• Henry R. Kilgore
    • Richard A. Young
  • Several venomous predators and pathogens use insulins to capture prey and to manipulate host physiology. This Review provides an overview of the discovery and potential biomedical application of these and other weaponized hormones found in nature.

    • Sophie Heiden Laugesen
    • Danny Hung-Chieh Chou
    • Helena Safavi-Hemami
    Review Article
  • Antigen loading onto class I major histocompatibility complex (MHC-I) proteins relies on chaperones and protein flexibility. Researchers now provide new insight into the process, especially for the intriguing ‘non-classical’ MHC-I protein MR1, with implications for fundamental immunology and the development of novel immunotherapies.

    • Tatiana J. Rosales
    • Brian M. Baker
    News & Views
  • Carbon dioxide (CO2) is a product of cellular respiration that can also serve as a post-translational modification (PTM) through covalent protein modification. A new chemoproteomic strategy enables the capture of functional CO2-dependent carboxylation on lysine residues of proteins.

    • R. Justin Grams
    • Ku-Lung Hsu
    News & Views
  • The rising threat of antifungal resistance means that alternative therapeutics need to be considered. New research explores the biochemical basis of virulence inhibition by mucus glycans against the fungal pathogen Candida albicans.

    • Jehoshua Sharma
    • Rebecca S. Shapiro
    News & Views
  • A fungal ten-eleven translocation (TET) dioxygenase homolog, CcTet, is found to have both 5-methylcytosine (5mC) and N6-methyladenine (6mA) demethylase activity. Structure-based engineering of CcTet yielded a 6mA-specific demethylase, offering a useful tool for the manipulation and functional study of 6mA.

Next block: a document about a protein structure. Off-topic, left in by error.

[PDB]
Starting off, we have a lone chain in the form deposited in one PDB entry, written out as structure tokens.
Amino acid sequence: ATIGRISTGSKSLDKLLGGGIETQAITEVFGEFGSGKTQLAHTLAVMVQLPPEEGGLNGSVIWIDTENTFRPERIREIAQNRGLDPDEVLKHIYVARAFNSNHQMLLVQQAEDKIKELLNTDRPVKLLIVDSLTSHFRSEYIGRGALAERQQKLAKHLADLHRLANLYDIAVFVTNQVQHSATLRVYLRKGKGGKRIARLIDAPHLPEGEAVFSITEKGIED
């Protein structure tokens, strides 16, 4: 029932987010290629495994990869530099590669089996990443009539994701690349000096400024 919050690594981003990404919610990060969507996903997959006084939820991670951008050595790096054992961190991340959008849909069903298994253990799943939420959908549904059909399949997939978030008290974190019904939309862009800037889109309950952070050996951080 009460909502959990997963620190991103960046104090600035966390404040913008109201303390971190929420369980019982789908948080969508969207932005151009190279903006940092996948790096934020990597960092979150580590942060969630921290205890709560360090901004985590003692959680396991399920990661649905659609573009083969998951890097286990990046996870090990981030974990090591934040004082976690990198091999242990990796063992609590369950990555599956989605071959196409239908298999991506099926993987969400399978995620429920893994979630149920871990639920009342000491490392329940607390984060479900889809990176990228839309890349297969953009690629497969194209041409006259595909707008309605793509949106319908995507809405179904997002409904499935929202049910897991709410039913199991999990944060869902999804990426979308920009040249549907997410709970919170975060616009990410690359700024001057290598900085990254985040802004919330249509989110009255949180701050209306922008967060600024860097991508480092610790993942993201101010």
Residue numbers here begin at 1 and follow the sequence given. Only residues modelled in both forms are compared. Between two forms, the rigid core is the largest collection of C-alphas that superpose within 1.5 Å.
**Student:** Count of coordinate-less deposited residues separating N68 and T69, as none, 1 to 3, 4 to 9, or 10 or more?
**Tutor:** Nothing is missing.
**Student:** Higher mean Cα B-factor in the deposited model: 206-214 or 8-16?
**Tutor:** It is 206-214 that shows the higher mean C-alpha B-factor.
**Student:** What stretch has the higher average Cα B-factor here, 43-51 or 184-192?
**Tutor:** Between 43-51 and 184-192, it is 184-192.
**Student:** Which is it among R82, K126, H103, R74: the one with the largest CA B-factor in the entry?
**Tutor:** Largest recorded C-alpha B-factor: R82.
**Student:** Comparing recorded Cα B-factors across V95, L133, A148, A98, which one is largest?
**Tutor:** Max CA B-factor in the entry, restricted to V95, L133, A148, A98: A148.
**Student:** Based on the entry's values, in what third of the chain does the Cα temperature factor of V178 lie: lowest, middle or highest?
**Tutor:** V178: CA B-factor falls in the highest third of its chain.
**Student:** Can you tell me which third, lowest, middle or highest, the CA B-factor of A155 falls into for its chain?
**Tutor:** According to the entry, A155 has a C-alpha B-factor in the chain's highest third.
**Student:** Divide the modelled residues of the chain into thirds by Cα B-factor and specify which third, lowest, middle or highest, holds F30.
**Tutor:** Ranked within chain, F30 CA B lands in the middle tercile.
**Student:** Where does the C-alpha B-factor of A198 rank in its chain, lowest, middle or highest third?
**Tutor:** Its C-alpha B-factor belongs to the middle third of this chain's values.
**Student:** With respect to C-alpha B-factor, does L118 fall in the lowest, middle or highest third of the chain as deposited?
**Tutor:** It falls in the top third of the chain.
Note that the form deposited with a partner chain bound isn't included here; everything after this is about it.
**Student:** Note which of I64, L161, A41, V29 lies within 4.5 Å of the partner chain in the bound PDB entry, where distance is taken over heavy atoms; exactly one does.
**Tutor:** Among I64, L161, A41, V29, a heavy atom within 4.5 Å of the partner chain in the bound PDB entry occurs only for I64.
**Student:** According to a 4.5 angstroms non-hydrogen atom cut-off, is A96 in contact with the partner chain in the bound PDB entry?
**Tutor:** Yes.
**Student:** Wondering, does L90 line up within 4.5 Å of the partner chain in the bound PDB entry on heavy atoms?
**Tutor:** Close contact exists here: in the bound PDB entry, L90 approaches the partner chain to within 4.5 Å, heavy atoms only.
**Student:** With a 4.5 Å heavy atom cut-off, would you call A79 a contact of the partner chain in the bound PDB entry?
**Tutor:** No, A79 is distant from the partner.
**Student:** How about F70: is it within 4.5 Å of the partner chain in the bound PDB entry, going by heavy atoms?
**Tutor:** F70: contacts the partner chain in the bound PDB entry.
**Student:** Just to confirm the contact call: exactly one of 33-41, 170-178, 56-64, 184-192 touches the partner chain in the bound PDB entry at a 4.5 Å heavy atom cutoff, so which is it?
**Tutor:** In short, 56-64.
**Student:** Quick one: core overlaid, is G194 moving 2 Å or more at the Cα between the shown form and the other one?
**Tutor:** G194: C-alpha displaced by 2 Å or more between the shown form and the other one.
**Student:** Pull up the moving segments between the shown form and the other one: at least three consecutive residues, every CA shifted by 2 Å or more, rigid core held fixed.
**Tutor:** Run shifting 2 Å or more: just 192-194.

• Sisi Li
    • Jiamu Du
    News & Views
  • The discovery of long-existing terpenoid biosynthetic pathways in soft corals changes the way specialized metabolism in animals is thought about, and opens unprecedented access to the largely untapped treasure trove of medicinal marine natural products.

    • Trinh-Don Nguyen
    • Thu-Thuy T. Dang
    News & Views
  • Controlling kinase inhibitors’ residence time via reversible covalent binding is of high interest in drug discovery. Tuning reversible covalent binding kinetics using a pan-kinase inhibitor that reacts with the catalytic lysine enabled exquisite temporal selectivity in vitro and in vivo.

    • Fleur M. Ferguson
    News & Views
  • Protein arginine methyltransferases (PRMTs) are overexpressed in many cancer types, including triple-negative breast cancer (TNBC). A new study shows that a reversible inhibitor of type I PRMTs suppresses TNBC tumor growth by inducing a viral mimicry response with retained introns.

    • Nivine Srour
    • Stéphane Richard
    News & Views
  • Succinate may have evolved as a signaling modality because its concentration reflects the redox state of the mitochondrial coenzyme Q pool, thus communicating to the rest of the cell and beyond about electron supply, oxygen tension and ATP demand.

    • Michael P. Murphy
    • Edward T. Chouchani
    Review Article